Recruitment of child soldiers returns to Congo

Children as young as this are being targeted on their way to school by armed gangs in Eastern Congo and to be used as child soldiers. Photo by Ryan Worms/Caritas 2011

We have pledged £50,000 to help our partner Caritas Goma support families made homeless by fighting in the eastern Democratic Republic of Congo.

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by Caritas Goma

All week they come. The children arrive at the centre tired and breathless. They say they’ve been seized by fighters who want to use them as child soldiers in the Democratic Republic of Congo’s renewed wars.

“We were captured on the hill overlooking our school,” says one child, who has just arrived at a transit centre for former child soldiers in Masisi run by Caritas Goma in Eastern Congo.

The child says his classmates were taken on their way to school by the Mai-Mai, one of the militias active in the fighting that has returned to Congo. “They forced us to follow them,” he said. “They told us that we had to defend our homeland against the aggressors.”

The ones that come are between 10 and 17 years old. They say that since fighting started again between the government and rebels on 29 April various militias have been ‘recruiting’ children to fight.

These include homegrown militias such as ‘Congo Libre et Souverain’ (APCLS), the Mai-Mai and the ‘Patriotes Resistants Congolais’ (PARECO) and foreigners like the FDLR (Democratic Liberation Forces of Rwanda).

At the Caritas centre in Masisi, Caritas Goma has registered 37 new cases. It now looks after 96 former child soldiers there now. A Caritas centre in Kanyabayonga, records the arrival of 16 new children, bringing its caseload to 39, and in Nyanzale there are 9 new and 35 in total cases of child soldiers. In Nyakariba centre, two more children have joined the 34 former child soldiers Caritas helps.

Caritas Goma runs workshops with the military to discourage the use of child soldiers. Photo by Taylor Kakala/Caritas Congo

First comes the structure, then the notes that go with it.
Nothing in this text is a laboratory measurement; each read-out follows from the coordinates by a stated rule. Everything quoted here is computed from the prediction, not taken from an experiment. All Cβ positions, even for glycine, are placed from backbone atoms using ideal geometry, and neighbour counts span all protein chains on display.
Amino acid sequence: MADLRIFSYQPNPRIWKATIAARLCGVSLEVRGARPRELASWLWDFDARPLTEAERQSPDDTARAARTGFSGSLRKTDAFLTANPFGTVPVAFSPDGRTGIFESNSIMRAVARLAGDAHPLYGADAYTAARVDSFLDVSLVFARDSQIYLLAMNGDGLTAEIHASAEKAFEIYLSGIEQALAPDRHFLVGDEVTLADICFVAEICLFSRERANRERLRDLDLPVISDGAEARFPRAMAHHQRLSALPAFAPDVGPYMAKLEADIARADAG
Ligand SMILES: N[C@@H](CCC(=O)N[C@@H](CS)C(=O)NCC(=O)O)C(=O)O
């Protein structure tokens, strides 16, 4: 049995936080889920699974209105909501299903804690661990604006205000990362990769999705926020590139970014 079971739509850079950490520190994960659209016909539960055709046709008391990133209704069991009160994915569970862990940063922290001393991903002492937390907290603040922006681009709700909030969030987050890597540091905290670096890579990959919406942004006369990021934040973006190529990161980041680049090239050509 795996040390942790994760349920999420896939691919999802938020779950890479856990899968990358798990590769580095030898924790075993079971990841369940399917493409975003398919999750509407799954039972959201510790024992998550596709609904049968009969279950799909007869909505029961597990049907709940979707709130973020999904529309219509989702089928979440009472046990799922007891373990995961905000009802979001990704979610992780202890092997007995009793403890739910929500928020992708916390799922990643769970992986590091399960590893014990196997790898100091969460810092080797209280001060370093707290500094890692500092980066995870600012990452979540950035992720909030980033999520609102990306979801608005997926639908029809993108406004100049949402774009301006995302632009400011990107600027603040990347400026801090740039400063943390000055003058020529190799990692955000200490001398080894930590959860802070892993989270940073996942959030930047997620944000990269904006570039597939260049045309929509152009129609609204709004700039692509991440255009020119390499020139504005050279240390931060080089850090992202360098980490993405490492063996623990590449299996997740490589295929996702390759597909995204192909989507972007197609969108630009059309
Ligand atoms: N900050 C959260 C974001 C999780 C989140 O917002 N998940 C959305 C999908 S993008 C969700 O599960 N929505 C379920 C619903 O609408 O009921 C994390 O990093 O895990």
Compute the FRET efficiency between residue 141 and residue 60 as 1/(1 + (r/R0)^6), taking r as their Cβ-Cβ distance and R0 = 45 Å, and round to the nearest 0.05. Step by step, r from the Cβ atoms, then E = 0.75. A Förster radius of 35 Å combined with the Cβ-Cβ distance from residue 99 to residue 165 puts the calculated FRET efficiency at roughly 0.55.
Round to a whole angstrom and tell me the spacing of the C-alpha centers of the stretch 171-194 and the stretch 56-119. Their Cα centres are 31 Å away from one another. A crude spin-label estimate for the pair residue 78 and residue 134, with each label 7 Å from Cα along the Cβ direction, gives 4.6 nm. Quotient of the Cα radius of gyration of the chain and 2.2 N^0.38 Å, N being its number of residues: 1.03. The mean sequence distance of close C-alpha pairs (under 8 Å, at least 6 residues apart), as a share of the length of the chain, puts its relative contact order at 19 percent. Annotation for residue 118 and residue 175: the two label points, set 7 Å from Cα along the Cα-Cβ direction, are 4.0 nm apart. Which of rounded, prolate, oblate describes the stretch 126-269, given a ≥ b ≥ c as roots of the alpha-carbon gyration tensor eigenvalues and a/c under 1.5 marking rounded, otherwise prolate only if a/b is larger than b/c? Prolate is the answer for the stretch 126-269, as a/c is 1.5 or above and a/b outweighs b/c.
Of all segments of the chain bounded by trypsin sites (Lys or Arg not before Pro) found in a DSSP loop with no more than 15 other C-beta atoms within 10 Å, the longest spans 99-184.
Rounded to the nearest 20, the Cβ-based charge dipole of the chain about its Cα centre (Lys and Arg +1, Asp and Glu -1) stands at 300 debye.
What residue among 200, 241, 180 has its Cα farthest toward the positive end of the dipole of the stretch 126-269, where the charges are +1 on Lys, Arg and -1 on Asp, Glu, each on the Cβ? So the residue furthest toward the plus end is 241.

The demobilization centres run by Caritas receives the former child soldiers and counsels, feeds and educates them. Caritas also helps them find their families. Thanks to professional help, the children rediscover normal everyday life without war. They are prepared to return to their families or find work.

Meanwhile, Human Rights Watch says the warlord Jean Bosco Ntaganda has recruited 149 boys and young men between the age of 12 and 20 in North Kivu. At least 48 of those recruited were under 18 years old and of these, 17 were aged 15 or younger.

The International Criminal Court classes the recruitment of children under 15 a war crime.

Clashes erupted after Congolese President Joseph Kabila announced last month he would try to arrest Ntaganda, who is wanted by the ICC for recruiting child soldiers in the past.

Caritas has launched an international emergency appeal to help people forced from their homes by the conflict in North Kivu. The emergency programme will help over 10,000 families with food and other aid.

This article first appeared on the Caritas Internationalis blog

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1 Comment

Filed under Africa, CAFOD

One response to “Recruitment of child soldiers returns to Congo

  1. I recently traveled to Northern Uganda and set up an art therapy service in an orphanage for former child soldiers and young people affected by conflict and trauma.I came back a week ago and I am hoping to return in a few months to carry on with the work. Below is the short movie I made while I was there;

    I would appreciate if you watch the clip and forward the link to friends and colleagues. I’m hoping it’ll help to promote the awareness and the sponsorship of war orphans at the orphanage and with a bit of luck, raise financial funds for further resources.

    I please do not hesitate to contact me directly if you’d like more info about this project or how you can support the orphanage.

    Thank you very much.

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